On 10/24/2008 01:12 PM, Jack Lloyd wrote:

> .... is a very different statement from saying that
> lacking such an attacker, you can safely assume your 'pools of
> entropy' (to quote the original question) are independent in the
> information-theoretic sense.

The question, according to the original poster, is not 
whether it is "safe" to assume that one of the entropy
sources can be trusted.  Safe or not, the question explicitly 
assumed that one of the sources was trusted ... and asked 
what the consequences of that assumption would be.

In particular, evidently the scenario was that we started
with N high-entropy randomness generators, but N-1 of
them have failed.  One of them is still working, but we
don't know which one.

In that scenario, XOR is a good-enough combining function,
and nothing else would be any better.

If somebody wants to discuss a different scenario, please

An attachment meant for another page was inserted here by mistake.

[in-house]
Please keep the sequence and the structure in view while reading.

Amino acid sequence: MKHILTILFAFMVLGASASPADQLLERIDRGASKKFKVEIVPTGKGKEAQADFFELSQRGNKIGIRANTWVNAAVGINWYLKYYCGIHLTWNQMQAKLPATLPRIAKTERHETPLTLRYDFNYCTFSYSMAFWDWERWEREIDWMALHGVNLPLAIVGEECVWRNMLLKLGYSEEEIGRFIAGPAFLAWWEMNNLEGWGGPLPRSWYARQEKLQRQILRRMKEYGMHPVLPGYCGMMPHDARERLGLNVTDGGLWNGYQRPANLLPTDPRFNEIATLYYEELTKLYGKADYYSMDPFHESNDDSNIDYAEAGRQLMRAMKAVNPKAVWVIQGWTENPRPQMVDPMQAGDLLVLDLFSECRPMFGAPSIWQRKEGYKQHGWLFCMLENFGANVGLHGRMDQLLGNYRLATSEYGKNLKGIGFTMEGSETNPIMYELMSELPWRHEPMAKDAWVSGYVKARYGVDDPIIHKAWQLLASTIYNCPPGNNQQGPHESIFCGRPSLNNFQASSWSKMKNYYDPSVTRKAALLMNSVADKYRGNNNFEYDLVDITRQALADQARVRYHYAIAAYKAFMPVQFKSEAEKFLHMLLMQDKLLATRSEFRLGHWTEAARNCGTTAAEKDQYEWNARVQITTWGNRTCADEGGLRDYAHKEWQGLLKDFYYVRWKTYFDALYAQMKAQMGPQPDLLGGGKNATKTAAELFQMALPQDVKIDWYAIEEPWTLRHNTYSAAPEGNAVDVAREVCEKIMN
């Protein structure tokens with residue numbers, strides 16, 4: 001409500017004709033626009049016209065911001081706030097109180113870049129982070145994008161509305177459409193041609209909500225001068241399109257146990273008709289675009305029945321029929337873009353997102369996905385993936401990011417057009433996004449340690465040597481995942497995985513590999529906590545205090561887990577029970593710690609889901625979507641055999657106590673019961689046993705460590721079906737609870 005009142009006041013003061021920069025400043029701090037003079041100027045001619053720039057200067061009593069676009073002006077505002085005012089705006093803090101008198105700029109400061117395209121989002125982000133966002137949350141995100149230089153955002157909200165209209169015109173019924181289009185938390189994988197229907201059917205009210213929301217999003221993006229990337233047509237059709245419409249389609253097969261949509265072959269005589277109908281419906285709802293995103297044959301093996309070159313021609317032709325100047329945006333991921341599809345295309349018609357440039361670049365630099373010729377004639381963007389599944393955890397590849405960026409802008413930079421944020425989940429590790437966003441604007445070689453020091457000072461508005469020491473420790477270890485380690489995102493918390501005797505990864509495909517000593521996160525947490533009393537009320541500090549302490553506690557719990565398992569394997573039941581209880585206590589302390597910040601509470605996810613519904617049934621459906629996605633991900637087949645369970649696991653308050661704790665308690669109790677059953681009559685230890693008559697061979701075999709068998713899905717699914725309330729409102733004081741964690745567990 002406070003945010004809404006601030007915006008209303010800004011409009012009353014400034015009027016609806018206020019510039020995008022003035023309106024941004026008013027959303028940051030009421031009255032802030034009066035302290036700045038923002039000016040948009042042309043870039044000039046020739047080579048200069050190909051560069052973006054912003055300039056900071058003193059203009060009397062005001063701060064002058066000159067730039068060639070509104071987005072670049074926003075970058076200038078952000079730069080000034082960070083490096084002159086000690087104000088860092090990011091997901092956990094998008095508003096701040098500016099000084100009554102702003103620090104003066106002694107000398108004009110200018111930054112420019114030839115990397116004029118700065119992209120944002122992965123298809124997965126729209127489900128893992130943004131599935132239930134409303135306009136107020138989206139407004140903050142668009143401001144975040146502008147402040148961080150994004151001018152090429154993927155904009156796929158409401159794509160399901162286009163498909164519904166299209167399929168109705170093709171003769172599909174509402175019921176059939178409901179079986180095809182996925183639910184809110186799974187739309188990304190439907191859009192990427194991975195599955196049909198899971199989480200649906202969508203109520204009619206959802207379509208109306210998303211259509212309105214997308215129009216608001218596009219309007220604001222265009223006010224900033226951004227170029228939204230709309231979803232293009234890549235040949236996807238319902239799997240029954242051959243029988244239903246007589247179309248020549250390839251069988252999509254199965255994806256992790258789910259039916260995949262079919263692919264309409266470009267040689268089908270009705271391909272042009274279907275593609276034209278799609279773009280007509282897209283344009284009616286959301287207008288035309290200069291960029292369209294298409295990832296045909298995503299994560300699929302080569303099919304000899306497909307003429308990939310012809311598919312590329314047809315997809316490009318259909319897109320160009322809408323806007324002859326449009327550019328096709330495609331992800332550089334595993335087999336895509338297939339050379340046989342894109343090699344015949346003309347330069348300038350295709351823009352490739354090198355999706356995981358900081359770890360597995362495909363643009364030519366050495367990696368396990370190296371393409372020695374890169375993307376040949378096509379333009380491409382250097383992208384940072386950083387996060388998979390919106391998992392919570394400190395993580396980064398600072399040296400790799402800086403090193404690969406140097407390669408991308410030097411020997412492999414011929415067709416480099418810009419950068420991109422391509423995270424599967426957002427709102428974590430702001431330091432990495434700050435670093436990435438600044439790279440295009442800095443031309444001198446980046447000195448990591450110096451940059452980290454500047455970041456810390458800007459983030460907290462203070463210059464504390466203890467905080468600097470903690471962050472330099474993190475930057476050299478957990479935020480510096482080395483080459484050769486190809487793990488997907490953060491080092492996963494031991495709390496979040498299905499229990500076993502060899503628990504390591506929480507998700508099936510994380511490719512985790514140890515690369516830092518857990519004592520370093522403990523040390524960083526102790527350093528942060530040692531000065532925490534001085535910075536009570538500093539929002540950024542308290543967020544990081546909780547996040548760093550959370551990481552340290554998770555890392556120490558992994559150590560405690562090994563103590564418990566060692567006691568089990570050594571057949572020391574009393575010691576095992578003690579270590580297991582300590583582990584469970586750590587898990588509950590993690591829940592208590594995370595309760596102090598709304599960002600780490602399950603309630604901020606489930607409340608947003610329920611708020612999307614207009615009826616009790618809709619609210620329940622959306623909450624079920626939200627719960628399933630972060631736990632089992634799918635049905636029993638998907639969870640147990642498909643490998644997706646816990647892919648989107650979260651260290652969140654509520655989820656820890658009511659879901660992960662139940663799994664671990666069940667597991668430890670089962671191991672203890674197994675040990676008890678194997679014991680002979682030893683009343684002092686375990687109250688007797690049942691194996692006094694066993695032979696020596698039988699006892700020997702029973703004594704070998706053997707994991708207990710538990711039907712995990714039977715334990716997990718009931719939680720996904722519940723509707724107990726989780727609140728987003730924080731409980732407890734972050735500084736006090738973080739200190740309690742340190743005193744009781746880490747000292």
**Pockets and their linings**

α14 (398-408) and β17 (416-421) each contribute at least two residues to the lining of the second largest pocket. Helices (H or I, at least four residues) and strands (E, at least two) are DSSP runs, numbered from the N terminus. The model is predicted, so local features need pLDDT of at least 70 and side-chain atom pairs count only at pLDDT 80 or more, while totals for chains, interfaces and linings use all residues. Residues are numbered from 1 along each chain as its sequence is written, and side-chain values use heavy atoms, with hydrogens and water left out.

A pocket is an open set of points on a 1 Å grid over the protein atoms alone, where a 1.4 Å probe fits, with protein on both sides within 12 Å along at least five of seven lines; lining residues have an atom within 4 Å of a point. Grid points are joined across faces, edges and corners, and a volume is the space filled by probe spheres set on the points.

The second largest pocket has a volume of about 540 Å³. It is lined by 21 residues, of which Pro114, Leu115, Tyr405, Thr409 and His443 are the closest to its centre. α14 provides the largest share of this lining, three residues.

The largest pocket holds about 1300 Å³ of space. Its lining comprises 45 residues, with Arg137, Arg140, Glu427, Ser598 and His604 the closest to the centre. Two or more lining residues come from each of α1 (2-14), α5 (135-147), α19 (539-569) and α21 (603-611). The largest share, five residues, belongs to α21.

clarify what the new scenario is.

Suggesting that the "trusted" source is correlated with one
of the other sources is quite contrary to the requirements
expressed in the original question.

That is to say, if the source is not independent, it was
never eligible to be a trusted entropy source.

If you want to quantify this, write down the _joint_ probability
distribution for all the sources, and calculate the entropy
of that distribution in the usual way.

1) There is _one_ very precise meaning for "entropy" that is 
well-established and conventional across a wide range of 
fields ... everything from kitchen appliances to cosmology.
  http://www.av8n.com/physics/thermo-laws.htm#sec-relevance

2) Authors are allowed to define and redefine terms however
they please ... _provided_ they define any nonstandard terms
that they use.  Anybody who takes a well-established standard
term and uses it in a nonstandard way has a double-extra-special
duty to explain what he's doing.

I assume the original poster was using the term "entropy"
in the conventional, precise sense ... and until I hear
otherwise I will continue to do so.

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